When George de Mestral came home from a walk with his dog one day to find sticky burrs plastering its coat, he got curious. Putting the spiky spheres under a microscope, he noticed each ended in a delicate hook, perfect for grabbing onto furry creatures and the pants of passers-by. Then, in a flash of insight now legendary, he imagined how the design might also hold other things together. And voila! That’s how Velcro was born in the 1940s.
Throughout the history of science, new ideas – some of them breakthroughs – have sprung up in unexpected places and by combining disparate ideas. Science is, at its core, a collaborative process that relies on insights from many people, fueled by multiple viewpoints and knowledge streams. Influenza researcher Nicholas Wu puts that into action by reading papers outside his field. Wu, an Assistant Professor at the School of Molecular and Cellular Biology at the University of Illinois at Urbana-Champaign, said it’s something he wishes he had known earlier in his research career.
“It takes different angles, different perspectives to really dissect a problem,” said Wu, who recently won the 2021 European Scientific Working group on Influenza (ESWI) Young Scientist Innovative Award, supported by Seqirus, a business of CSL that is among the global leader in influenza vaccines.
The value of stretching beyond your comfort zone is something Vicky Pirzas, CSL Behring’s Managing Director and Vice President, R&D Recombinant Product Development, says she has found again and again over her career, too.
“I think it’s so important to read diverse literature as it expands your thinking beyond what you have learned and what you know,” said Pirzas, based in Marburg, Germany. “I believe that if we just focus on a single area or a single topic our brains become lazy, but introducing different fields and different perspectives can spark the best idea. I have worked in biotech, small molecules, oral and injectable deliveries and you can always transfer some know-how to the field.”
It’s an approach that’s more necessary than ever today, in a world full of technology and complex challenges, such as the COVID-19 pandemic. In addition to surveying various scientific disciplines, there’s often something to learn from entirely different industries. For instance, as it strives to be more patient focused, biotech companies are taking a few lessons from the cosmetics industry, Pirzas said, by paying increasing attention to how products look and feel and how easy they are to use.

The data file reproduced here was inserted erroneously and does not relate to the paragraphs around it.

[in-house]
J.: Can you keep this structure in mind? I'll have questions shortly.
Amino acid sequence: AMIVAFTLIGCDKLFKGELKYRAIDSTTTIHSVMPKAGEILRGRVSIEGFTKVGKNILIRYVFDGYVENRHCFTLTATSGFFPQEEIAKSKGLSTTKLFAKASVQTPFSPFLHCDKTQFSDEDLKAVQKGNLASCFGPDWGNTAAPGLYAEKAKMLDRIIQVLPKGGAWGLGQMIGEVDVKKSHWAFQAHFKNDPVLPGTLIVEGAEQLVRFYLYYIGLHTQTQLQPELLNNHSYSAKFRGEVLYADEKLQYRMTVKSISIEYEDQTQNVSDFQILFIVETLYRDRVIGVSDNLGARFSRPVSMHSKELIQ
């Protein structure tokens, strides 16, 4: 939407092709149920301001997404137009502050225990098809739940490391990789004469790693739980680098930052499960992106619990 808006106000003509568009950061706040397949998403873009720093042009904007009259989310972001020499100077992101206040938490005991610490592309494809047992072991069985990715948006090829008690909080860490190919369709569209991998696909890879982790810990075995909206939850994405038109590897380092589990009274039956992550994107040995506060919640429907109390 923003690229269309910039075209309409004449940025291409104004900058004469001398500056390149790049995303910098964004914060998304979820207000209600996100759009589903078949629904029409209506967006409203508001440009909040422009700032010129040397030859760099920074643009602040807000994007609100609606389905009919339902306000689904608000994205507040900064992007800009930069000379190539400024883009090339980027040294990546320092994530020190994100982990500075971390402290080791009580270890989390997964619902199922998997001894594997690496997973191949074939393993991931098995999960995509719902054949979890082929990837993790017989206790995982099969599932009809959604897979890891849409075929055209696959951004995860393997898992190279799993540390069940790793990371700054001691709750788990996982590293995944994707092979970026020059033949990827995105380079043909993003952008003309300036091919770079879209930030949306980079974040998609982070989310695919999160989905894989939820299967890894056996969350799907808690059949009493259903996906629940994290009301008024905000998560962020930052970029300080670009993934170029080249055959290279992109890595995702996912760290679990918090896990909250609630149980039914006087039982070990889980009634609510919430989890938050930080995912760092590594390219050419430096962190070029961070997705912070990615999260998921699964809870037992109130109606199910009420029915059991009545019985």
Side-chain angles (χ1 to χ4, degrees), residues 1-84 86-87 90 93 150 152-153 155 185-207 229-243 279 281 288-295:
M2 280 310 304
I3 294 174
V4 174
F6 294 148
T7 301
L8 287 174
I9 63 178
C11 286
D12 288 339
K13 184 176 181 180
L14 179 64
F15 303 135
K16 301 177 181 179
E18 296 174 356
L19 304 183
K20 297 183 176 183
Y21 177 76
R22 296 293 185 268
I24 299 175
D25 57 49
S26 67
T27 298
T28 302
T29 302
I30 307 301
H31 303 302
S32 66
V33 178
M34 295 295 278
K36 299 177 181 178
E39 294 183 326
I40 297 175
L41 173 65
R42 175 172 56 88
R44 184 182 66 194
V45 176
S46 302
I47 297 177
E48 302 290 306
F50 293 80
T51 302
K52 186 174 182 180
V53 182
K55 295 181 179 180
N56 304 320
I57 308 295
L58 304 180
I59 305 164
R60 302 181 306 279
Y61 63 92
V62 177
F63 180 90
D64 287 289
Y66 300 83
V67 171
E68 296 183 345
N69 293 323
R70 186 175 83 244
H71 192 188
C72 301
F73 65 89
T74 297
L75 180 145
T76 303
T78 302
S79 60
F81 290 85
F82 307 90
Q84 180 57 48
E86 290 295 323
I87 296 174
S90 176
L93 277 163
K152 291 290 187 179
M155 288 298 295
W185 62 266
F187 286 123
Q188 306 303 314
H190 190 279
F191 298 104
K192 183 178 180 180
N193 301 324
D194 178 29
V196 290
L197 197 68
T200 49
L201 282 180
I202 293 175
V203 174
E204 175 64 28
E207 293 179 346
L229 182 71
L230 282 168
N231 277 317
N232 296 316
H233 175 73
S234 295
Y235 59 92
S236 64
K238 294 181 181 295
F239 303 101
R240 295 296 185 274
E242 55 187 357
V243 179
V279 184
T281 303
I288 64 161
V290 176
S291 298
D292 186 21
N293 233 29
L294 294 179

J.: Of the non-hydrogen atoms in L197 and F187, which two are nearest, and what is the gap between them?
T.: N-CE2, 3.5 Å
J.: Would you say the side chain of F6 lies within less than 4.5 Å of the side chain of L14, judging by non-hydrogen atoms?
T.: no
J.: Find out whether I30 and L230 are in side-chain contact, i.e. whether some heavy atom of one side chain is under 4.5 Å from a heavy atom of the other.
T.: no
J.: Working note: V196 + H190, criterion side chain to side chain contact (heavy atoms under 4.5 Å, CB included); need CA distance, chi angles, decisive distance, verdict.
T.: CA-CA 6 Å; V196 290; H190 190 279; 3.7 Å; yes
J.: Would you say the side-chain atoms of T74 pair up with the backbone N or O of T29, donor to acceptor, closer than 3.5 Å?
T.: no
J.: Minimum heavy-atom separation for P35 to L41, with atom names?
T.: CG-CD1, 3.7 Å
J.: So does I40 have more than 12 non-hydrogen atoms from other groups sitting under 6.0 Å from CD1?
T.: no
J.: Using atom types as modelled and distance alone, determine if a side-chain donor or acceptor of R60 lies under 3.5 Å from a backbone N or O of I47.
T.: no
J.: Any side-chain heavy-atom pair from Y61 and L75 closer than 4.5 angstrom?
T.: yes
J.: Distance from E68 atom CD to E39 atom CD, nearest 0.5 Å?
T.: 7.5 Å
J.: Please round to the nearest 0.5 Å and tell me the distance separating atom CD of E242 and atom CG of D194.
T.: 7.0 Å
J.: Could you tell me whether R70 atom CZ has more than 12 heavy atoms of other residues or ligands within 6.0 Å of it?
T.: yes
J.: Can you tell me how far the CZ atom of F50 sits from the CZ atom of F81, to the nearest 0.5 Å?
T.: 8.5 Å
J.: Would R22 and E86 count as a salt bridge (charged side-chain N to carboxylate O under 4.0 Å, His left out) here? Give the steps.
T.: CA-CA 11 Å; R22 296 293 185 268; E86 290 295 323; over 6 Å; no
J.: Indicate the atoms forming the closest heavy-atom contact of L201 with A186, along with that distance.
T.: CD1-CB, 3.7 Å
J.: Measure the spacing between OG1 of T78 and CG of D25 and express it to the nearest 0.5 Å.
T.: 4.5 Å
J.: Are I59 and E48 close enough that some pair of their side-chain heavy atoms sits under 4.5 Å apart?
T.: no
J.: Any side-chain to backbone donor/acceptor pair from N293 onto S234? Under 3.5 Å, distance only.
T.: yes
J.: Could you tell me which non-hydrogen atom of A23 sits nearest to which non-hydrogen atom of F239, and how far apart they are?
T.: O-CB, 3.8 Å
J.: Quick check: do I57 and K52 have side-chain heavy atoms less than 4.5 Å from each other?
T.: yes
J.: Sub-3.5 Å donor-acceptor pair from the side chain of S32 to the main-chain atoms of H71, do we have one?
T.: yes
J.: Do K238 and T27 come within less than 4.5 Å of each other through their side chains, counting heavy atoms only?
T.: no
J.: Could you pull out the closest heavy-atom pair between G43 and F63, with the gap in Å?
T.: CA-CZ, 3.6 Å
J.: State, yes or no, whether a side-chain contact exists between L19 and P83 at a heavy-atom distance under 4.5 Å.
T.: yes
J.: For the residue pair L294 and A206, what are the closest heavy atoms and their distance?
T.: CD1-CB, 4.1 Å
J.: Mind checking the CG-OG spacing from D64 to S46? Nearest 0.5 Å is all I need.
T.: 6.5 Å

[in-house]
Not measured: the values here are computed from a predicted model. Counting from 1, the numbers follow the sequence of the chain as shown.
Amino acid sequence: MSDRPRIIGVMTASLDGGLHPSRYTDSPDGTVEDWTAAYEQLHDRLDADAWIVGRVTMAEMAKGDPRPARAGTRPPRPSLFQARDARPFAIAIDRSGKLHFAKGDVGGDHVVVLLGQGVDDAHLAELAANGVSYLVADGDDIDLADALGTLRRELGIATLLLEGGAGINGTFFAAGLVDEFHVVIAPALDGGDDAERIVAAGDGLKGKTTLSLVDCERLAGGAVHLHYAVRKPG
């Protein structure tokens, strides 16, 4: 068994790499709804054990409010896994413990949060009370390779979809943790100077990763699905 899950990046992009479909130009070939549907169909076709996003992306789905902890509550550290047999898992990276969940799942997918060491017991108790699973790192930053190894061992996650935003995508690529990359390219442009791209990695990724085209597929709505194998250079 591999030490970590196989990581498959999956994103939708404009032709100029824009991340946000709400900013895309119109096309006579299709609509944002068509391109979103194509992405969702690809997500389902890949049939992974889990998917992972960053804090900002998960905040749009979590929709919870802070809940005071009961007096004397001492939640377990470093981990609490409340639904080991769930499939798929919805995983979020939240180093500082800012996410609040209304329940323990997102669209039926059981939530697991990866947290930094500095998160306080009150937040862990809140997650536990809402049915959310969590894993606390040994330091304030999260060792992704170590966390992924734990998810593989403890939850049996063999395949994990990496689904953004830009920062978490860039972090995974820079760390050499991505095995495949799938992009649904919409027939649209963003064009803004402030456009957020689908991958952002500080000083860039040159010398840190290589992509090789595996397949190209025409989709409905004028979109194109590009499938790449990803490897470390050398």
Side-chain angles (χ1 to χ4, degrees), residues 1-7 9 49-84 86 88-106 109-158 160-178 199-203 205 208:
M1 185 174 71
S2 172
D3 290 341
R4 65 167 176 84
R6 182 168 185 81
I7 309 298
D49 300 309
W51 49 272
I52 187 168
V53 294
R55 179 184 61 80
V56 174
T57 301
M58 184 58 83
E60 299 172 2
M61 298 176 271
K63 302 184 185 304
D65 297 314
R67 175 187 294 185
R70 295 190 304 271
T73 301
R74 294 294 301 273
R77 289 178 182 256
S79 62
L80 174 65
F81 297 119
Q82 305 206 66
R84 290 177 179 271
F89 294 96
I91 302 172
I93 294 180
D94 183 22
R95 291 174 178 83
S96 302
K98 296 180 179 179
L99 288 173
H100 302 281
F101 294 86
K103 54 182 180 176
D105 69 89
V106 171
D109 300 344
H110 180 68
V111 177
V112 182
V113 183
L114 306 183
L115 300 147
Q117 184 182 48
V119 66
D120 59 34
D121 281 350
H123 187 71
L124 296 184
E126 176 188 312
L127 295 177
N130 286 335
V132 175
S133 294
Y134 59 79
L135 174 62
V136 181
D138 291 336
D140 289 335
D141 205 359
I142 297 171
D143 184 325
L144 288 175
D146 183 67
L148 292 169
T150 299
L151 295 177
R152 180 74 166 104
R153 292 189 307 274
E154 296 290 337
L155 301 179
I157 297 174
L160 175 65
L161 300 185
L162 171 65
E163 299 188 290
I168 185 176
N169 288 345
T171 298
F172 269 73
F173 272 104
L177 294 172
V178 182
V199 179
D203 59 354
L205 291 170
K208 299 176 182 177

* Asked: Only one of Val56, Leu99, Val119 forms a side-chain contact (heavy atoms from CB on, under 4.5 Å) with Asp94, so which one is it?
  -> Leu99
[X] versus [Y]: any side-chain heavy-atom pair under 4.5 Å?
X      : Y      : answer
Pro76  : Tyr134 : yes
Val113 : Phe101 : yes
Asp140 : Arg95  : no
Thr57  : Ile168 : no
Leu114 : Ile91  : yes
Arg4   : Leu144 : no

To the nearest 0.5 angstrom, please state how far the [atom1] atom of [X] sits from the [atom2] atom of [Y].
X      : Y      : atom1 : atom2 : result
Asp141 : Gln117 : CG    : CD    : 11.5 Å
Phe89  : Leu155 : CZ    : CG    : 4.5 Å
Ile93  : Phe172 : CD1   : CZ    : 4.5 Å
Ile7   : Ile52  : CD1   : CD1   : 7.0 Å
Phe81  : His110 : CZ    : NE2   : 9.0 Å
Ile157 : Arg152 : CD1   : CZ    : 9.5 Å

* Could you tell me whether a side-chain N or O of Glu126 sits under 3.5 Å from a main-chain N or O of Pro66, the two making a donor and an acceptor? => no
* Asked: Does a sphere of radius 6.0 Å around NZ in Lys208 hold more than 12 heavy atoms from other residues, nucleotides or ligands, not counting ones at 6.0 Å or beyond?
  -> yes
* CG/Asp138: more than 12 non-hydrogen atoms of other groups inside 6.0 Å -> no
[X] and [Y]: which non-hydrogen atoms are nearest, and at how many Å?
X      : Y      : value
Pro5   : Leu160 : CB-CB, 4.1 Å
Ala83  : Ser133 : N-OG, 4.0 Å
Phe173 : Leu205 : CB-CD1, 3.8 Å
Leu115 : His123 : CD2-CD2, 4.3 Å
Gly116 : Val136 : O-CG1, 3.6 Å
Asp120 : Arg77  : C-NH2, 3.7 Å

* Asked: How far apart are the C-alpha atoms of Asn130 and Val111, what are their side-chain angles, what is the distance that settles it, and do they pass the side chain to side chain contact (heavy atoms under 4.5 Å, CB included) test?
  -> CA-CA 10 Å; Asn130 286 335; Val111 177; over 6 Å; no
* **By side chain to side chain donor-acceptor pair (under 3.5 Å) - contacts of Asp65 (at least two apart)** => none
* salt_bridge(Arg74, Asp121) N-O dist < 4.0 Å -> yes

Martin Vey, CSL Behring’s Executive Director for Plasma Product Development, agreed, saying reading widely clues you in to how other industries have solved problems.
“Reading content and papers outside your traditional areas of science can show you how solutions developed for other industries can be applied to our business needs,” Vey said. “For example, we at Breakthrough Launch Pad (BLP) Function at Plasma Product Development (PPD) use a Breakthrough Factory Model of innovation, combining individual ideas into a single seamless solution, to solve our business needs.”
Having a broad base of knowledge also helps scientists across the company communicate with one another, said Anne Verhagen, CSL’s Senior Director of Biochemistry based in Parkville in Australia.
“Reading outside our area of expertise facilitates greater communication and can provide context for why we are doing what we are doing in the long process from the initial idea of a novel therapeutic molecule to the successful launch of a new product that may transform the life of someone with a serious medical condition,” Verhagen said.
But she said there’s another reasons scientists read outside of their narrow disciplines: Sheer interest.
“We may be working in a particular field today but we may have previously worked in other fields or have a fascination with other areas,” Verhagen said. “I suspect many like me have been guilty of walking off with scientific articles left by other scientists at the printer.”
Looking for some cross-discipline inspiration? Here are two noteworthy examples:
Whales and Wind Turbines
Humpback whales have something unexpected on the front of their fins – a series of bumps known as tubercles. For a long time, scientists didn’t think much of them and their purpose was unknown. But researchers in 2003 studied the fluid dynamics the fins create as they slice through water, and found they reduce drag and let the whales tilt their fins up to 40 percent more without stalling. It’s a key part of humpbacks’ ability to circle and corral the schools of fish they feed on.
This bumpy discovery led to another breakthrough, when engineers designing wind turbines realized they could add a similar scalloped edge to wind turbine blades, cutting down on stalls and reducing drag to improve turbine efficiency.
Finding a Clue to Treating Malaria
When the Chinese researcher Youyou Tu was looking for a new treatment for malaria, a disease that was devastating soldiers during the Vietnam War, she and her team turned to ancient Chinese medical texts. Could a traditional medicine be a key to a modern treatment?
They learned of the sweet wormwood plant, which had been used to combat malaria fevers, and with further work isolated the compound artemisinin. It proved to be a potent treatment. She won the 2015 Nobel Prize in Physiology or Medicine.